October is Breast Cancer Awareness Month, and public awareness efforts have been in full swing for a few weeks. It's a great time of year to remind your patients that many cancers are preventable, depending on certain factors, and that regular screening is key to catching any problems early. And now, it's easier than ever to share education resources with patients. Use Breast Cancer Awareness Month as a way to jump-start
the conversation around cancer with your patients, and when your patients want more information or need extra guidance, make sure these resources are available as links in their patient portal.
NCI Information Guides
When your patients want information about cancer, this is definitely the best place to start. The National Cancer Institute provides e-booklets on various cancer issues, from chemotherapy effects to the ins and outs of clinical trials. And of course, there are resources for breast cancer screening. These guides are available in multiple file formats, so make them available in your patient portal today!
Johns Hopkins Medicine is home to the Sidney Kimmel Comprehensive Cancer Center, and the center's Office of Public Affairs is committed to its mission of patient education. One aspect of that vision is a collection of videos, the C-Answers series, in which Johns Hopkins Kimmel Center staff answer frequently asked questions and discuss common topics of concern.
These videos are an especially good resource for family members of cancer patients, or for those who have recently become caregivers. Since these videos feature top researchers and oncologists, they're a good place for patients to start learning about cancer, as they're factual, easy to understand and simple to navigate. Topics are organized into playlists, such as this one on breast cancer education:
Risk Assessment Tools
Not every patient will necessarily raise concerns about cancer, or some may be unwilling to bring them up in-office. And of course, some patients are at a higher risk of developing cancer than others, and it's crucial those patients take autonomy of their own care. Encourage your patients to conduct risk assessments regularly in between office visits, and to monitor their lifestyle or environmental changes. There are several reputable cancer risk assessment surveys on the Internet that you can refer to patients. Harvard University's School of Public Health has an interactive Disease Risk Index tool that is organized by type of cancer, which can be helpful if patients have a family history or have exhibited specific risk factors in the past. The Canadian Cancer Society offers an interactive tool called It's My Life! via the CCS website. The educational game helps examine lifestyle factors and their relation to cancer risk, and also provides guidance for taking preventative action to lower the likelihood of developing cancer. Over on Cancer.gov, the National Cancer Institute offers a breast cancer assessment tool and various resources to better understand why certain women are more at risk of developing breast cancer than others. Make sure your patients know none of these tools is a substitute for regular exams, but they can be used to monitor risk and catch bodily changes as soon as they happen.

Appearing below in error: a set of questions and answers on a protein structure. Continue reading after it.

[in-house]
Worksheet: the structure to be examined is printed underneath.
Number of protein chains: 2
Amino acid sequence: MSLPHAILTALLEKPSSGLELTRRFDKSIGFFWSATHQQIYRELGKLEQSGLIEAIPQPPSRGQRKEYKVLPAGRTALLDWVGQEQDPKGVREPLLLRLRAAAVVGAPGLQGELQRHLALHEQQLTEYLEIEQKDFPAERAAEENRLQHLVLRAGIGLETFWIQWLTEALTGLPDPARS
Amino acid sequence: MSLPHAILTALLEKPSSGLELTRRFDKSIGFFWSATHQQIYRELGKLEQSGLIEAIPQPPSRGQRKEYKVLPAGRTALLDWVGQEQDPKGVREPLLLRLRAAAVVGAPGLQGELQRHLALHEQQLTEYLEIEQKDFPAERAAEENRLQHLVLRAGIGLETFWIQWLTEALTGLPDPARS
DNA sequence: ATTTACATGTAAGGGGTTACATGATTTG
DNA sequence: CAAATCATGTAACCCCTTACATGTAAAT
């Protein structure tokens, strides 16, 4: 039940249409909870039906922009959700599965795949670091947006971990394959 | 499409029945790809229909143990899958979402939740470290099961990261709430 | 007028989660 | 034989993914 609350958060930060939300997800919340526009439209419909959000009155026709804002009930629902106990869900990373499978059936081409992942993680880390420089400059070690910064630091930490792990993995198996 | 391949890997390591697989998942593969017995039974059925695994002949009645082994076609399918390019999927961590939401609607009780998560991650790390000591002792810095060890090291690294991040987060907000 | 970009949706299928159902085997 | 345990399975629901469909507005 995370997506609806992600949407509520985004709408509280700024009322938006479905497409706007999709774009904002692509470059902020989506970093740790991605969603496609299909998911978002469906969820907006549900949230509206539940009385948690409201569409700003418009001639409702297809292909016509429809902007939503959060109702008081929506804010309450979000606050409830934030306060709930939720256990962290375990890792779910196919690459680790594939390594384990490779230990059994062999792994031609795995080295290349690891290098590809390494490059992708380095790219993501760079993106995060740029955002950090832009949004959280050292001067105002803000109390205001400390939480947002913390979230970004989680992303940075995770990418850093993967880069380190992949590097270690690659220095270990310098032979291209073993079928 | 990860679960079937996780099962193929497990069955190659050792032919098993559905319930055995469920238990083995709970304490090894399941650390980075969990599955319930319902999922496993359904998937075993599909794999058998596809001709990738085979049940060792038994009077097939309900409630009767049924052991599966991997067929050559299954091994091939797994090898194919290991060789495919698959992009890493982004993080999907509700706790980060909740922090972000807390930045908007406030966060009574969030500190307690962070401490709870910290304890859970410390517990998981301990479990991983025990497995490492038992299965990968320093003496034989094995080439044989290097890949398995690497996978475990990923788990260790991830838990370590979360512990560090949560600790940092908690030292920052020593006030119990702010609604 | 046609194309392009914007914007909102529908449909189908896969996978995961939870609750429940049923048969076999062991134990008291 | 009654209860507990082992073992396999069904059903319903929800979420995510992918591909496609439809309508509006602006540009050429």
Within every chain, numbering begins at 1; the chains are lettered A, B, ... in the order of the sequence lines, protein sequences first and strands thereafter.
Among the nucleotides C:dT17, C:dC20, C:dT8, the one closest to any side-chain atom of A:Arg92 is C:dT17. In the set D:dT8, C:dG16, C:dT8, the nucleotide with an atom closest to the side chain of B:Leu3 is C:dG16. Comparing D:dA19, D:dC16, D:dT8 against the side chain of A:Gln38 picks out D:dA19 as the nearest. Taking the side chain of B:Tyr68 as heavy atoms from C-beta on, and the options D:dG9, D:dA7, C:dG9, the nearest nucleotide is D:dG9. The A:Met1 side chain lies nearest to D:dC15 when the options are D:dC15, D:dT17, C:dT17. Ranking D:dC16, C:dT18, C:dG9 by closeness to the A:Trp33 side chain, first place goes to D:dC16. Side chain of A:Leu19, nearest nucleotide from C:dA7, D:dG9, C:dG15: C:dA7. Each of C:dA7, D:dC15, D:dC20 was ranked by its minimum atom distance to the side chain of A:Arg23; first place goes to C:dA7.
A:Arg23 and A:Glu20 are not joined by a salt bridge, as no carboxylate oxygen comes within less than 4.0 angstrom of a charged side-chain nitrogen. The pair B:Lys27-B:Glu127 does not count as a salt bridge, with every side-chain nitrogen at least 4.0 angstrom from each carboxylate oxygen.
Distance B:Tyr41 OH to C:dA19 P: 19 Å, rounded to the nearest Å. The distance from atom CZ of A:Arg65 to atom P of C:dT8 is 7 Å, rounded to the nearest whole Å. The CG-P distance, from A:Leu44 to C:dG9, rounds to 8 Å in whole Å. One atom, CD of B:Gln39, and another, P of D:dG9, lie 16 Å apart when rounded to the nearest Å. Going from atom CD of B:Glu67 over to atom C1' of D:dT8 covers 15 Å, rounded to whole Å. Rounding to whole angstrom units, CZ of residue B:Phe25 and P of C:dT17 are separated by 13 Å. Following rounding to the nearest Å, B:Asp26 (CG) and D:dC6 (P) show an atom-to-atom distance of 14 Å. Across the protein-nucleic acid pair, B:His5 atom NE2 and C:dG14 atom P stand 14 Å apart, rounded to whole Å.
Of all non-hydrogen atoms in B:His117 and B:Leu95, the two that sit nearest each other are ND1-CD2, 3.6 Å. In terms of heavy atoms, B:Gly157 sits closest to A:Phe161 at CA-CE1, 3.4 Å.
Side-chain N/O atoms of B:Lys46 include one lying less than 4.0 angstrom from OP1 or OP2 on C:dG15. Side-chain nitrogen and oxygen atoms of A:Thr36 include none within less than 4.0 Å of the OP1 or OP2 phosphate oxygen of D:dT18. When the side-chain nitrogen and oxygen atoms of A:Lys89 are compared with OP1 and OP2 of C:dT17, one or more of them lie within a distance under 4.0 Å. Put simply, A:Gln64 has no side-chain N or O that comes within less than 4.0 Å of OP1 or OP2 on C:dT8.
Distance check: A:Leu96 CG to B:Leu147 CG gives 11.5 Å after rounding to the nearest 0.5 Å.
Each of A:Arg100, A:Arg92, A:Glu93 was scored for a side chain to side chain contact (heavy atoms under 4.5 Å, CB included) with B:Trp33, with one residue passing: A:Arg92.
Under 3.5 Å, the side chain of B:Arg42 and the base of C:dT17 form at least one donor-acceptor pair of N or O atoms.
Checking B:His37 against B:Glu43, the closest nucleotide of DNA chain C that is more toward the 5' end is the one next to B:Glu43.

Cancer screenings and preventative actions should occur year-round, but now is a great time to emphasize that to patients. Make use of your patient portal and help assuage patient fears by being open to questions and eager to share information.
What resources do you use for cancer prevention education in your practice?
Let us know in the comments!